Furthermore, NCA students enrolled in a Masters program to obtain their Canadian equivalency cannot sit the June Barrister exams as the deadline for submitting the Certificate of Qualification from the NCA is earlier then the JD deadline for submitting their grades. This means NCA students must wait until November to sit the exams, when articling has usually begun.

Through my Canadian Common Law Masters of Law, at Osgoode Hall Law School I have had the pleasure of meeting astounding and gifted individuals who were also working hard to convert their foreign law degrees to a Canadian law degree. While I have found an articling position at a great firm that values the experiences and education I have received, it saddens me to think of all the barriers and discouraging comments my classmates will also have to face - regardless of how accomplished they are. For example, it is unsettling to see how many firms on have decided simply not to consider NCA candidates at all. While others may consider NCA students, they clearly make it more difficult for NCA candidates to apply to their Firm because of the way the OCI schedule currently works. However, there are progressive firms: for example, Dentons has reserved an articling spot that can only be filled by an internationally trained lawyer going through the NCA process.

Why is it that it is the choices of these students that are scrutinized and not the reasons behind those choices?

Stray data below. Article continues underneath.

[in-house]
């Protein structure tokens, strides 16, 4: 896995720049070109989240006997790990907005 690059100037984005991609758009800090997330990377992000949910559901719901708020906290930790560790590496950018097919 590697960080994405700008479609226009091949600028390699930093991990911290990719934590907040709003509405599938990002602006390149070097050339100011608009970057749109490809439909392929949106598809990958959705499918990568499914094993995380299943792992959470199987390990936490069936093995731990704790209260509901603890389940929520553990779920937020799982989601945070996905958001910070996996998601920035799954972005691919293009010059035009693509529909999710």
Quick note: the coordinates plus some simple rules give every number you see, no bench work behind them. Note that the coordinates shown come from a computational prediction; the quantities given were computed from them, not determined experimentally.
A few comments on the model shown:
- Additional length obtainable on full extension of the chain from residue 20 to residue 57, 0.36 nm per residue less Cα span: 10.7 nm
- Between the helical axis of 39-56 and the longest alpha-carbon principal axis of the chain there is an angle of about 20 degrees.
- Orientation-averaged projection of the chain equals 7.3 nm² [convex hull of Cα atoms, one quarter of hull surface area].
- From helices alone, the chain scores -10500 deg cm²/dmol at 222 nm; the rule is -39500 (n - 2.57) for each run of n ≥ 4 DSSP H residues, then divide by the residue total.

I understand there is some discomfort felt towards Canadian NCA students who have left Canada to study law abroad because they did not find a place in Canadian law schools. Why is it that it is the choices of these students that are scrutinized and not the reasons behind those choices? In any event if that is really the case, why is no distinction being acknowledged between the different types of NCA students? On top of the ones that have a first degree from Canada and have gone abroad to complete their law degree in two years, there are those who, like me, have three years of law school and have never lived in Canada, and there are the lawyers who have years of experience in their home jurisdictions and have emigrated to Canada.

As a final note, while I have dual Canadian citizenship, it should be remembered that Canada’s immigration policy is not as strict to foreigners as other developed English speaking countries like the UK or the US. So regardless of the discomfort felt in the legal sector, NCA candidates will keep arriving in Canada to seek employment in the legal sector. It is a shame that the attitude some firms have towards foreign candidates is at odds with Canada’s overall position of inclusion towards immigrants in Canadian society.

[Are you an Ontario NCA Student? Learn about all the benefits that come with the OBA's free student membership!]

Miriam El-OfirAbout the Author

Miriam El-Ofir has just completed her LLM at Osgoode Hall Law School and is the Newsletter Editor for the OBA Young Lawyer's Central Division.